It will use the tried and tested techniques of poring over business records and bank documentation, and will have access to the vast amount of sensitive information stored on computer and regularly exchanged with Customs & Excise and sometimes foreign authorities.
Typically, the SCO will comprise three groups each dedicated to a distinct area of the Revenue's investigative effort - prosecution, serious fraud, and tax counter-avoidance.
The personnel in each group will be inspectors of taxes and accountants, and in addition the prosecution group will include investigators of the Inland Revenue Board Investigation Office. The creation of a dedicated prosecution group is a significant development that suggests a greater determination to combat serious fraud.
In the year to the end of March 1994, the Revenue collected pounds 1.61bn from challenging tax returns and investigating the accounts of businesses. That included pounds 315m from serious tax fraud and avoidance. In recent years, apart from 1992/93, there has been, however, a gradual decline in the number of persons prosecuted for false accounts and tax returns, and the changes may be seen in part as an attempt to reverse that trend.
The serious fraud group will investigate cases where the Inland Revenue may accept a monetary settlement instead of instituting criminal proceedings. It has to be stressed, for the peace of mind of those under investigation, that most of the 400 cases of serious fraud settled every year by the SCO lead to a financial settlement rather than prosecution in the criminal courts. But the Revenue retains the right to change its mind and instigate criminal proceedings if a taxpayer fails to take advantage of the opportunity to come clean.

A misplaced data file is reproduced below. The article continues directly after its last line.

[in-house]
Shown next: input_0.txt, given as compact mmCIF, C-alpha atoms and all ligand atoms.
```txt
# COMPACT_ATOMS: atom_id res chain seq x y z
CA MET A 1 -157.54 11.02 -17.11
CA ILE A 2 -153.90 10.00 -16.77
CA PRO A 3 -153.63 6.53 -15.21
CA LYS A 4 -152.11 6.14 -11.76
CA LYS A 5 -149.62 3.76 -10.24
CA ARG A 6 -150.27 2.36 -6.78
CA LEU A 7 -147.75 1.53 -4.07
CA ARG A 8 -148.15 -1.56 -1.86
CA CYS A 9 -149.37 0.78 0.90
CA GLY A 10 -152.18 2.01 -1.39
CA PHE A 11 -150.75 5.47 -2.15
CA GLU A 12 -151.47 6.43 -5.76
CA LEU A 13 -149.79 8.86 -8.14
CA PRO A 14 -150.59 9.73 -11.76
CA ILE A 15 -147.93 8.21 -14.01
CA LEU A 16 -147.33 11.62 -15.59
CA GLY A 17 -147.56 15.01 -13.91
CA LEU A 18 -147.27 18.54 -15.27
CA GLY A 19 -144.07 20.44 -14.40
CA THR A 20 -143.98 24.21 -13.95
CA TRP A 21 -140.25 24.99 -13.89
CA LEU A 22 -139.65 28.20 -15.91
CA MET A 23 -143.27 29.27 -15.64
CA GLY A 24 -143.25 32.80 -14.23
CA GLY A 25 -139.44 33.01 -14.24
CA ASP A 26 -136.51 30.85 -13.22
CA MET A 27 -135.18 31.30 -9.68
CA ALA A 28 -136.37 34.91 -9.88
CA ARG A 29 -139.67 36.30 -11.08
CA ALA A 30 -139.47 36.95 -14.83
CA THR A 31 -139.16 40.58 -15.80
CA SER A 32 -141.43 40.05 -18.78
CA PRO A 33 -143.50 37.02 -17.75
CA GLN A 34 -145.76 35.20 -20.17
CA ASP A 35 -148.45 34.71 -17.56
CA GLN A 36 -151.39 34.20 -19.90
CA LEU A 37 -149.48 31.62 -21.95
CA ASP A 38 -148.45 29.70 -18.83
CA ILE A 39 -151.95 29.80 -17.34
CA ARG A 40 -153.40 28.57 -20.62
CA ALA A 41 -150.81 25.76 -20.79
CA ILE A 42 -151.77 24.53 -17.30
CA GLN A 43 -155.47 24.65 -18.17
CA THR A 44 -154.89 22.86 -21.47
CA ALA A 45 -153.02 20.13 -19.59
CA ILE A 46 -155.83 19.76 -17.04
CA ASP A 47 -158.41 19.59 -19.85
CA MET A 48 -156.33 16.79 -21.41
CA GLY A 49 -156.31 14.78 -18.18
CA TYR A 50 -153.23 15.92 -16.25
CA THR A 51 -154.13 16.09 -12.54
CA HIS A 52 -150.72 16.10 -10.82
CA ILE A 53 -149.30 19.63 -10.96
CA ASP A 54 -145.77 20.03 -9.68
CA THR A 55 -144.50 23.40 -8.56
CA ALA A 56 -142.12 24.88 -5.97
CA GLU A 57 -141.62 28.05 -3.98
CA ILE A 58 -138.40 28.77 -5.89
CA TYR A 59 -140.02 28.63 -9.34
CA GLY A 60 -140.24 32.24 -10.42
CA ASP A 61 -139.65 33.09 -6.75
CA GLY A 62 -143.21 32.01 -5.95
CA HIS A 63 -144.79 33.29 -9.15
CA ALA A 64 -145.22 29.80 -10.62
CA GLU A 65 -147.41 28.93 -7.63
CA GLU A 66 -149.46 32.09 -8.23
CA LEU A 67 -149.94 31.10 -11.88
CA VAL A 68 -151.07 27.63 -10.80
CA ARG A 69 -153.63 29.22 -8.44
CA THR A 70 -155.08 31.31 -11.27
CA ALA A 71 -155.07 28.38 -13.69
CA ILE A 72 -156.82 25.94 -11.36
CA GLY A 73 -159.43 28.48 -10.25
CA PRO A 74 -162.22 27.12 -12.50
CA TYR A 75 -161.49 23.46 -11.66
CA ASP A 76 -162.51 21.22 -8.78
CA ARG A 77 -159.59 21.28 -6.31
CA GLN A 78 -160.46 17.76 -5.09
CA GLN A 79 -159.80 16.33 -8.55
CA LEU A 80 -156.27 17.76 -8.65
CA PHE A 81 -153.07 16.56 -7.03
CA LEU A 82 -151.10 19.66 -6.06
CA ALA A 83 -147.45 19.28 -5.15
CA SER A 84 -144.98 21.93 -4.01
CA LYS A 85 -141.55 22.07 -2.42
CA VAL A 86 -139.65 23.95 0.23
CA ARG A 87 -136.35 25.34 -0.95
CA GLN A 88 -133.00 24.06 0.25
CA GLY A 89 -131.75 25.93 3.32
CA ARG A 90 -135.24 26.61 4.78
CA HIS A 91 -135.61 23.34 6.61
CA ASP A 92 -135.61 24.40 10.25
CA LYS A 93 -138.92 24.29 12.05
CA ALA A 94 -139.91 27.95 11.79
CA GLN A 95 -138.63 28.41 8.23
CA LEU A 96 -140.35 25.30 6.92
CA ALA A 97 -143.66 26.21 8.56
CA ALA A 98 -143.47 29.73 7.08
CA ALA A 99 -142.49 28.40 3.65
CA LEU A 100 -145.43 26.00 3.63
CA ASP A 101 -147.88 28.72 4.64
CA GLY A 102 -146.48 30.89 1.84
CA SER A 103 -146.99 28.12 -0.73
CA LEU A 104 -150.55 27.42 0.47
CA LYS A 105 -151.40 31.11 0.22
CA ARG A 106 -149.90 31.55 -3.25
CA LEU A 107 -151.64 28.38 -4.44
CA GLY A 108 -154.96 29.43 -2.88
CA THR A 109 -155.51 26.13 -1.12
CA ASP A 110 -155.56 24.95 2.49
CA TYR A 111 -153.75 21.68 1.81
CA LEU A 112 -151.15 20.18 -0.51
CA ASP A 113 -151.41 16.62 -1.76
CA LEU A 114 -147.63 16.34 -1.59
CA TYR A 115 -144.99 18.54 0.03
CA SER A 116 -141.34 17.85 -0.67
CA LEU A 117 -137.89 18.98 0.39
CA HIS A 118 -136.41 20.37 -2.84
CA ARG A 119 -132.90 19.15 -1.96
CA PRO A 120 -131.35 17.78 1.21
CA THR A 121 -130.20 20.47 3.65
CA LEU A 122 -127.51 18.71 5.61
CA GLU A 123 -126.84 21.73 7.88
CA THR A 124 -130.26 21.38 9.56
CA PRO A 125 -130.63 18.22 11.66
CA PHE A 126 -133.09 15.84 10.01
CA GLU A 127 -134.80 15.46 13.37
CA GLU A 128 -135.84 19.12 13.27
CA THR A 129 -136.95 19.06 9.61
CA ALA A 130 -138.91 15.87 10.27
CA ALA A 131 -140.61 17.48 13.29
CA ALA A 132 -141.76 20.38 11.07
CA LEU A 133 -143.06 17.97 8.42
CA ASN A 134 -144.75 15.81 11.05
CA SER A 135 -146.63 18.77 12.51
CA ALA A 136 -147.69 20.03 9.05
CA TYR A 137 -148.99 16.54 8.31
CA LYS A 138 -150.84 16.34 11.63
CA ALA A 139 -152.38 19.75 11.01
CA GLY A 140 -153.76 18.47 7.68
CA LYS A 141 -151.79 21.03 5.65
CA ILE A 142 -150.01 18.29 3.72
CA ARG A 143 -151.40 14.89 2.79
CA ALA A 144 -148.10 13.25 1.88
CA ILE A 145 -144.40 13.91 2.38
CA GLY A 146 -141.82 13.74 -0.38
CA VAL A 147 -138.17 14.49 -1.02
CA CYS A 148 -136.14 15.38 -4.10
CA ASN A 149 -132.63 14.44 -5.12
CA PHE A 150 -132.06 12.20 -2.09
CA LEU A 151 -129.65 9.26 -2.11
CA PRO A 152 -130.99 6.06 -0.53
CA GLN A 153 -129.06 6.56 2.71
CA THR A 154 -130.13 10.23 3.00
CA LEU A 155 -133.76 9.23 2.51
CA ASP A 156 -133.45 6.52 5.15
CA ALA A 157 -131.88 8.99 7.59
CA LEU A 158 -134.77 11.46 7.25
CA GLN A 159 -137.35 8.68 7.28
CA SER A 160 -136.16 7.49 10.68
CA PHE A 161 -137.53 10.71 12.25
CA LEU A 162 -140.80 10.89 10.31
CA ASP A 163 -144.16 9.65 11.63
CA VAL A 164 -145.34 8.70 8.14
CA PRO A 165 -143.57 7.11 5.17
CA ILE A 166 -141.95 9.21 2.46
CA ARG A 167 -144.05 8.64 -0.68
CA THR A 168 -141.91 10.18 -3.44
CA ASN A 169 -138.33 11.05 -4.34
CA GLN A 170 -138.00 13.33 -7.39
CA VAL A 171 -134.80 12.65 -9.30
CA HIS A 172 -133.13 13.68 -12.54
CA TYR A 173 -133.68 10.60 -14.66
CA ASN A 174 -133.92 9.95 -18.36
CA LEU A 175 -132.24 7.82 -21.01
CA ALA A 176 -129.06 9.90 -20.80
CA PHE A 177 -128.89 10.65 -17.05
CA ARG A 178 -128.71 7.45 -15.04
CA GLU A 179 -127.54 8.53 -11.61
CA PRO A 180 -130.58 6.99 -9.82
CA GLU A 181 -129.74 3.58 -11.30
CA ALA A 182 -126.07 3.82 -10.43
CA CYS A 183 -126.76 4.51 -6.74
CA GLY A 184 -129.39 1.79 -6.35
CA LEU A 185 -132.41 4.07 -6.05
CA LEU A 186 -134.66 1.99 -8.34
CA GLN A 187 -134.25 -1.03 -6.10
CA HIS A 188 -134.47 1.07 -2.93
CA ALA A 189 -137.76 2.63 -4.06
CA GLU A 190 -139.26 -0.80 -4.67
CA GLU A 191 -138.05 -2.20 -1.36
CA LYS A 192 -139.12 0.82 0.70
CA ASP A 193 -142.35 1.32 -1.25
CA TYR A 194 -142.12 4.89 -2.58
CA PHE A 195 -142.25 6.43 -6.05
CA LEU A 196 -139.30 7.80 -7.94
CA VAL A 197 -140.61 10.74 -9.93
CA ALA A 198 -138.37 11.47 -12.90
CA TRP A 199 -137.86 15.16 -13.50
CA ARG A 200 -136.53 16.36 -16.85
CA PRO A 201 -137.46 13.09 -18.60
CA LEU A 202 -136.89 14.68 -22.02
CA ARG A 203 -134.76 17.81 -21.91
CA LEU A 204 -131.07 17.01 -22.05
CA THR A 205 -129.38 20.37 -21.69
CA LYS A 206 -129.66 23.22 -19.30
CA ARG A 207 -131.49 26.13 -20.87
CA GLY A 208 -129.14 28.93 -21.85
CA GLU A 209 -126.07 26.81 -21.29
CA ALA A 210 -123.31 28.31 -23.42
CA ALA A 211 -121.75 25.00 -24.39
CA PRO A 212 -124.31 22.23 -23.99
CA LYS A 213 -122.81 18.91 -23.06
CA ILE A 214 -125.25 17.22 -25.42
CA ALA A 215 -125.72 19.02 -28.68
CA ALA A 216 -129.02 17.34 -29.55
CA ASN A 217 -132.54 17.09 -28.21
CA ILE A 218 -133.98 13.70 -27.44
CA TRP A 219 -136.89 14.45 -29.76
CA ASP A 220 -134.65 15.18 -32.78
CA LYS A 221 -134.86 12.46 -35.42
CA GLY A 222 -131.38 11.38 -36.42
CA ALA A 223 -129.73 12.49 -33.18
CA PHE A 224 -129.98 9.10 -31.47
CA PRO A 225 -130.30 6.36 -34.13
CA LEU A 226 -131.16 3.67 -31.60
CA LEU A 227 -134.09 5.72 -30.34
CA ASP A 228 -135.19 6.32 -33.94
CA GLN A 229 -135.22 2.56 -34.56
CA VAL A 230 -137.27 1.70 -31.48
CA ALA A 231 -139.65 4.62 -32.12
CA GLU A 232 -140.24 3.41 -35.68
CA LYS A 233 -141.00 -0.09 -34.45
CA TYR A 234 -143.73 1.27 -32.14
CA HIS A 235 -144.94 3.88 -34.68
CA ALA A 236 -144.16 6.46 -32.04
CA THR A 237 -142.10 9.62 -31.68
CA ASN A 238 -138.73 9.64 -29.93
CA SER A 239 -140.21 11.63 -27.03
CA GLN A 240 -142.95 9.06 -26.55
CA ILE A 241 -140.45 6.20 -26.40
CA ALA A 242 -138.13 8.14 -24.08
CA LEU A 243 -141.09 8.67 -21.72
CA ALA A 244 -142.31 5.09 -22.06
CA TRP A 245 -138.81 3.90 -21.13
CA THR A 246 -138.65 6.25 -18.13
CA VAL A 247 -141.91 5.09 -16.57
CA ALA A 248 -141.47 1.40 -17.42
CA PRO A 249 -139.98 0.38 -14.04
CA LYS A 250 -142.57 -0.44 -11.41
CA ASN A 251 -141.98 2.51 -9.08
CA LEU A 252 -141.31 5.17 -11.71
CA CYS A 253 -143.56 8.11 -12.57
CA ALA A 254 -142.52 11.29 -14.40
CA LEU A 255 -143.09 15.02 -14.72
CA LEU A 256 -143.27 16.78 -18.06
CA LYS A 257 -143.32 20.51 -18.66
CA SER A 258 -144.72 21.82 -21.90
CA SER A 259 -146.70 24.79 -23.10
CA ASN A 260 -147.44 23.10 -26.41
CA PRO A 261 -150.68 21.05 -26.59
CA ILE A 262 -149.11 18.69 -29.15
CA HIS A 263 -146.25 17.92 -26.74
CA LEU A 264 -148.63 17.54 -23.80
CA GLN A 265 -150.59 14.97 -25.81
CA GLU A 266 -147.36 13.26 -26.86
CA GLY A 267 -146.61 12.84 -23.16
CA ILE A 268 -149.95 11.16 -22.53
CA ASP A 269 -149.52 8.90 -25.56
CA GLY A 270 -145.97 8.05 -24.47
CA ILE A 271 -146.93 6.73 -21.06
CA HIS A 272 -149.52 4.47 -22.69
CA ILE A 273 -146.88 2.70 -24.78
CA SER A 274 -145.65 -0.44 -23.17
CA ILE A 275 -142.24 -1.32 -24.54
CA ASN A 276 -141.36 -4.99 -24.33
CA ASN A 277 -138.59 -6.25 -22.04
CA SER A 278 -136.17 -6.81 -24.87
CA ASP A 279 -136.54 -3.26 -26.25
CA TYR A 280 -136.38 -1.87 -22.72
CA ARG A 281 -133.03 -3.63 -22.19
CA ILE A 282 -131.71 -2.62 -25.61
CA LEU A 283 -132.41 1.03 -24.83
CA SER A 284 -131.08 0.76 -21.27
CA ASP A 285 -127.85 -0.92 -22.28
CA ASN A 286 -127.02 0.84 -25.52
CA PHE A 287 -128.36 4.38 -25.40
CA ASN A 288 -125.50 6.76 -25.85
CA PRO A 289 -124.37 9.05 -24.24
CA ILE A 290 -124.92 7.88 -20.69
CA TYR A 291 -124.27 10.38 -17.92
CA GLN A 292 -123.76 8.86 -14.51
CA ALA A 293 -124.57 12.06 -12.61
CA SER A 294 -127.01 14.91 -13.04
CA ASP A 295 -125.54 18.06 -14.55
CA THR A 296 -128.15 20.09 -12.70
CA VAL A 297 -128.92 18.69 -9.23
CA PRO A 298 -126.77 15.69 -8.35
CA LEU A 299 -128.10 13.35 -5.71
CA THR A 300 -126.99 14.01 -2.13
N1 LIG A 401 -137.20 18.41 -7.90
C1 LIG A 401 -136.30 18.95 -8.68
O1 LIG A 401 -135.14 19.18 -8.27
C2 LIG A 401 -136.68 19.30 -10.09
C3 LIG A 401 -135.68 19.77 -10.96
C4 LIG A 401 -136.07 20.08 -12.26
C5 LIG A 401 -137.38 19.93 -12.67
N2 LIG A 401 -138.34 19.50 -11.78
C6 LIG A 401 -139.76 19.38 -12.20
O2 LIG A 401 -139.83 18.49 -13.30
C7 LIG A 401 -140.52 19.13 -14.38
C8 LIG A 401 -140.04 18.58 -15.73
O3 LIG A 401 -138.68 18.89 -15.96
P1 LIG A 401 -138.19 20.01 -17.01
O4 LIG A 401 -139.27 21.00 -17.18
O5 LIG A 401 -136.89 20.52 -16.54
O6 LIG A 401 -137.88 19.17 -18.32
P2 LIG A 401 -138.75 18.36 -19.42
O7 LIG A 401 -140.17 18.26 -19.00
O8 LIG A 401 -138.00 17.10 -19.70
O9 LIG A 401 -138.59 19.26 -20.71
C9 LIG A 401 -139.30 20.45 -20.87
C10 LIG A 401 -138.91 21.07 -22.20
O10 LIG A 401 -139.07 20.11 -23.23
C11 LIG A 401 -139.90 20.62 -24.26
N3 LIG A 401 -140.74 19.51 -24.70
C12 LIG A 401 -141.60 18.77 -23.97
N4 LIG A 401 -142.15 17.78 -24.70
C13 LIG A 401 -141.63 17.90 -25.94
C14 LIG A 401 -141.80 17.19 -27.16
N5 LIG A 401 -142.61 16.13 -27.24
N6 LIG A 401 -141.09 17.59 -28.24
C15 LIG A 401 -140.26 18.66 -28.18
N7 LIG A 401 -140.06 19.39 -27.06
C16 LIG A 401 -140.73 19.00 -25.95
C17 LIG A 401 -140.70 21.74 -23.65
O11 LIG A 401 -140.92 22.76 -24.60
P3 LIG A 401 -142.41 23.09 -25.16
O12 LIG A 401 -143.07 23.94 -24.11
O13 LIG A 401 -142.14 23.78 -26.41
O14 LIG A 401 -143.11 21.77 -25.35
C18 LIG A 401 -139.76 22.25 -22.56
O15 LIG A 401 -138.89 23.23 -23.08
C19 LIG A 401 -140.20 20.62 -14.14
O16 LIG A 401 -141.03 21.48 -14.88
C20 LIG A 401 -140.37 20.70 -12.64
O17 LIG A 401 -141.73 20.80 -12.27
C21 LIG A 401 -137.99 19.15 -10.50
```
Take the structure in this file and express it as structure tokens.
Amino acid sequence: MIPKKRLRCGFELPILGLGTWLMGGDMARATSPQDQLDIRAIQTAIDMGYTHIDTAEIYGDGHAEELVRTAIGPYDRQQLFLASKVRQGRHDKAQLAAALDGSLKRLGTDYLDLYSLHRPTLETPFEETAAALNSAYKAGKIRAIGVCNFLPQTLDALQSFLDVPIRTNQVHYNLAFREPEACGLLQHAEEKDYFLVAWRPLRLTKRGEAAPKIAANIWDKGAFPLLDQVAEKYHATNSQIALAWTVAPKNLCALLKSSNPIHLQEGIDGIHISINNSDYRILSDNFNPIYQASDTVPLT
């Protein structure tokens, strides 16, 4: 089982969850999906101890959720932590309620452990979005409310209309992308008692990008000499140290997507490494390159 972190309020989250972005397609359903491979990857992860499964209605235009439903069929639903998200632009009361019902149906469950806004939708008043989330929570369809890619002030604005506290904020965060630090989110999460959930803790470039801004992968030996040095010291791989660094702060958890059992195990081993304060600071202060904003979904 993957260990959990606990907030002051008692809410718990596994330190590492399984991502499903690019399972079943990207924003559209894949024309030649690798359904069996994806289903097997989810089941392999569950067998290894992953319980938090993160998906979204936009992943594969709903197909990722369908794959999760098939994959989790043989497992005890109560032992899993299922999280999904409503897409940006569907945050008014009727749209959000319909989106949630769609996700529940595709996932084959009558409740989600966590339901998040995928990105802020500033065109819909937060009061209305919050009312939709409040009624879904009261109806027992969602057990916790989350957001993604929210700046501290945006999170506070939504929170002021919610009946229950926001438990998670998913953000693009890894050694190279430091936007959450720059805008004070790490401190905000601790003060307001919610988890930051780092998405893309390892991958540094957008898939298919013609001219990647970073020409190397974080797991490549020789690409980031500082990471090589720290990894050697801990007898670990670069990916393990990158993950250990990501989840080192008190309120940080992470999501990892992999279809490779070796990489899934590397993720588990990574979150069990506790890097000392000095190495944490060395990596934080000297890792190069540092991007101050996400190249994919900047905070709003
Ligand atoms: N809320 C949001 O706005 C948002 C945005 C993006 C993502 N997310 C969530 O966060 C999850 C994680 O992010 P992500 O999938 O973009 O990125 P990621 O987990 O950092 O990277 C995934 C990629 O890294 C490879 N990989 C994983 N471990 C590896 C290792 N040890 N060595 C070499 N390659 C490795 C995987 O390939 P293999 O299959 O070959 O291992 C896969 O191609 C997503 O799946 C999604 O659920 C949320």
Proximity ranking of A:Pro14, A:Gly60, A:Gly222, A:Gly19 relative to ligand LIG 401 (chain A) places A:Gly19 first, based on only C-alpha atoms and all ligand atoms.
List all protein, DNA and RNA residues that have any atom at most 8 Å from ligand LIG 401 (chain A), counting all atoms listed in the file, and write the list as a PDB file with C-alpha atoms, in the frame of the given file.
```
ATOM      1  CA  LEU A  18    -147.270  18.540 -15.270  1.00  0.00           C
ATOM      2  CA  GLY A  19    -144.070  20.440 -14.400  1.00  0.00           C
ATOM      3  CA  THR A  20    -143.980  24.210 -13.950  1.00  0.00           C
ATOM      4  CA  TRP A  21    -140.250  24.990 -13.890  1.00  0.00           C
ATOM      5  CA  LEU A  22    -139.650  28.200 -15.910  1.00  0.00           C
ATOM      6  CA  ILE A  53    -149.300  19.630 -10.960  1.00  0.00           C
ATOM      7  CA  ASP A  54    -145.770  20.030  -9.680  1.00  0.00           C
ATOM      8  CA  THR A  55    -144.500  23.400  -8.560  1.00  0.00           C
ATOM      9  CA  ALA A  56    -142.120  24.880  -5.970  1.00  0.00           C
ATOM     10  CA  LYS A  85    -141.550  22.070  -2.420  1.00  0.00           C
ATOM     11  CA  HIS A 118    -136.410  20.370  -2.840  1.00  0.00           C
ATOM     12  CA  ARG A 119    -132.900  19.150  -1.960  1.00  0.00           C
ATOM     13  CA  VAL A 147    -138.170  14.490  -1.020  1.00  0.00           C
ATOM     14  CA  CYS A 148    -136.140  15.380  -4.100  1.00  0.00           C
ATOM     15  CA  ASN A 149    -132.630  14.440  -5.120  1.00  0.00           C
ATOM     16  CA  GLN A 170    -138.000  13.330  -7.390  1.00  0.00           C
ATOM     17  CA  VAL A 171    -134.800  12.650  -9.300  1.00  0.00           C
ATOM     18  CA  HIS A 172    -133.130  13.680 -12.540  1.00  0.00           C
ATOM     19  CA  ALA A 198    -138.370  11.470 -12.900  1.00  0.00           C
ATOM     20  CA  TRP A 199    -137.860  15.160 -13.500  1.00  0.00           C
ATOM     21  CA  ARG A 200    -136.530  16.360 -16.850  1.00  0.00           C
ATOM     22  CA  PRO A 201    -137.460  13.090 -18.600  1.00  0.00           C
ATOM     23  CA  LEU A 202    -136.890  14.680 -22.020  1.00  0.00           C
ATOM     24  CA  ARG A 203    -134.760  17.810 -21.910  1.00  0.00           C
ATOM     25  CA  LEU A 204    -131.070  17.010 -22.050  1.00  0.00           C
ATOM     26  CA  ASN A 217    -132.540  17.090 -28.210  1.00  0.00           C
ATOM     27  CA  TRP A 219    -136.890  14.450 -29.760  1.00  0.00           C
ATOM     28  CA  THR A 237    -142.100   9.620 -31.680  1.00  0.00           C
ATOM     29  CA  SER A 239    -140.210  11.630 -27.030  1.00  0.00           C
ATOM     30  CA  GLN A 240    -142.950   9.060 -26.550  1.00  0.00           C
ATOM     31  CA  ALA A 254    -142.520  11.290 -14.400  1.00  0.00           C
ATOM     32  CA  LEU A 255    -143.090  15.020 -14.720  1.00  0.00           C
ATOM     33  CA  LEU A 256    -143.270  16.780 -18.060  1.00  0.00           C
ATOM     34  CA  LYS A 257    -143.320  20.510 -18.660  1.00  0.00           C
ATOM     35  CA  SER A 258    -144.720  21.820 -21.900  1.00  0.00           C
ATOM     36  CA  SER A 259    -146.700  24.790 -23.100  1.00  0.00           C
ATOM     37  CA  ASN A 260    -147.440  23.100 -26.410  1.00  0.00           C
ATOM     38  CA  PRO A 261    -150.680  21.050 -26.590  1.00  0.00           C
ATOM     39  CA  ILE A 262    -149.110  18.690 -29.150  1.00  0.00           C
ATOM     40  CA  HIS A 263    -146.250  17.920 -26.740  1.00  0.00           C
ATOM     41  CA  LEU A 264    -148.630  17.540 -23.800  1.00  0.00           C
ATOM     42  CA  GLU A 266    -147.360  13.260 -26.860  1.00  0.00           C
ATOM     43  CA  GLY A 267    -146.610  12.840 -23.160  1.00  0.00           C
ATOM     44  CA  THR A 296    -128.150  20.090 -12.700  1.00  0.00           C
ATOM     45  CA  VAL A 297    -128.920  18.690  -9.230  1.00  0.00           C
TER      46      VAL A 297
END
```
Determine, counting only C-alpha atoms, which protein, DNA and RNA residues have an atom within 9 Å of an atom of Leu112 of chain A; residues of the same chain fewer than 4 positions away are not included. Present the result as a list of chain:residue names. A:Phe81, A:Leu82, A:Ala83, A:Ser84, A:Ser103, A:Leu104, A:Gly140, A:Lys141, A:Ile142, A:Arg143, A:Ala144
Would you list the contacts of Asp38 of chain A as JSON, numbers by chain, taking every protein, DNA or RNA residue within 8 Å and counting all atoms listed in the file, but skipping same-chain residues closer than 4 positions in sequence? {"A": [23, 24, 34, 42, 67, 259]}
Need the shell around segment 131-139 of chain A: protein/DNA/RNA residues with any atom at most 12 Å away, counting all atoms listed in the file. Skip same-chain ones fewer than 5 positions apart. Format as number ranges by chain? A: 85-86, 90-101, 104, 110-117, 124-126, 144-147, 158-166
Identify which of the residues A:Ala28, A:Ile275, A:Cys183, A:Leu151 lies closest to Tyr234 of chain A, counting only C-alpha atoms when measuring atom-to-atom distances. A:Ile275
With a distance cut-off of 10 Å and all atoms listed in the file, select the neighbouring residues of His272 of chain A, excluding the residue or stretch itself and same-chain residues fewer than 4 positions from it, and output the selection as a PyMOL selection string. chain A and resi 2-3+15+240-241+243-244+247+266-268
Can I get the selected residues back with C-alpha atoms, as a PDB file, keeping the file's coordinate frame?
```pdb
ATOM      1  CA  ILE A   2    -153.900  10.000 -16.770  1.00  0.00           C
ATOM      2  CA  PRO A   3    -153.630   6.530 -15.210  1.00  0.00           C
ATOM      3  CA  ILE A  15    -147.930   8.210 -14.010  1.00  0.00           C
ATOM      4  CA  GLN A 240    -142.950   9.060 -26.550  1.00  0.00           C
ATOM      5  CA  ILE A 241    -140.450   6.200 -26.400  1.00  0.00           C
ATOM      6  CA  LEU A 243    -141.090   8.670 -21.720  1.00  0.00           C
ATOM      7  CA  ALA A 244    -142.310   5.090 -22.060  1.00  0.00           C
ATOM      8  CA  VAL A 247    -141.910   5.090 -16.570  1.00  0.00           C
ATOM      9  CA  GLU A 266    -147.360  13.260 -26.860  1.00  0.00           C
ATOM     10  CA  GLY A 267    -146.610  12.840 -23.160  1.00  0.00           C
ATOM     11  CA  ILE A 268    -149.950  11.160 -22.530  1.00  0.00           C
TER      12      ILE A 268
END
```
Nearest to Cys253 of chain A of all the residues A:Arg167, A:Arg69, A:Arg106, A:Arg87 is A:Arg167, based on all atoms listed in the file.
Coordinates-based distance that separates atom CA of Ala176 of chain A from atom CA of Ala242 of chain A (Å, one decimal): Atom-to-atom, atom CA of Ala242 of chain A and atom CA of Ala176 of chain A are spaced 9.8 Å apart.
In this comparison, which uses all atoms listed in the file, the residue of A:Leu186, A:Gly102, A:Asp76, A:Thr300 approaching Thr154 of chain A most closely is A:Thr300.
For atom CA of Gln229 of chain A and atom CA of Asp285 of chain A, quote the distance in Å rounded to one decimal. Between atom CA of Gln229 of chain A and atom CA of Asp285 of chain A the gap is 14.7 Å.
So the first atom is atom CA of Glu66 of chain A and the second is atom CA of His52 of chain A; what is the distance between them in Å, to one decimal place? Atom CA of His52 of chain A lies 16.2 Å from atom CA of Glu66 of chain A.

The minimum target for an investigation to be launched is a settlement of upwards of pounds 100,000. Anyone under investigation by the SCO can therefore expect to be on the receiving end of any one of a number of highly intrusive information-gathering powers.
These include the now infamous "dawn raid", which can involve the search of private houses and business premises, and the seizure of incriminating material. The warrant invariably includes the power to search persons and premises, and the operation frequently culminates in the arrest and detention of suspects.
Probably the most high-profile use of this power was in 1979, when many van-loads of documents belonging to Rossminster Ltd and some of its directors were seized. Rossminster was a private bank that had funded many sophisticated tax-avoidance schemes.
By resorting to more mundane but none the less heavy-handed powers, the SCO can see business records. It can also require third parties, such as banks and business customers, to hand over information that may prove that tax has been evaded.
Even the best-regulated tax affairs can on occasions fall under the harsh glare of the SCO spotlight. This is particularly so where perfectly legitimate but commercially sensitive arrangements have to be cloaked with confidentiality. All that the taxpayer can do is to ensure that his or her accounts and tax returns are accompanied by as much information as possible so that false inferences are not drawn from what may well be entirely innocent, but superficially suspect procedures.
People often view the Inland Revenue as a slow-moving and pedantic bureaucracy. However, the revamped SCO represents one of the most powerful investigative agencies operating in the UK. It could also prove to be one of the Government's most cost-effective methods of reducing the public sector borrowing requirement, by making existing taxation rules more efficient.
o Andrew Watt is a partner in the firm of Casson Beckman, chartered accountants.Reuse content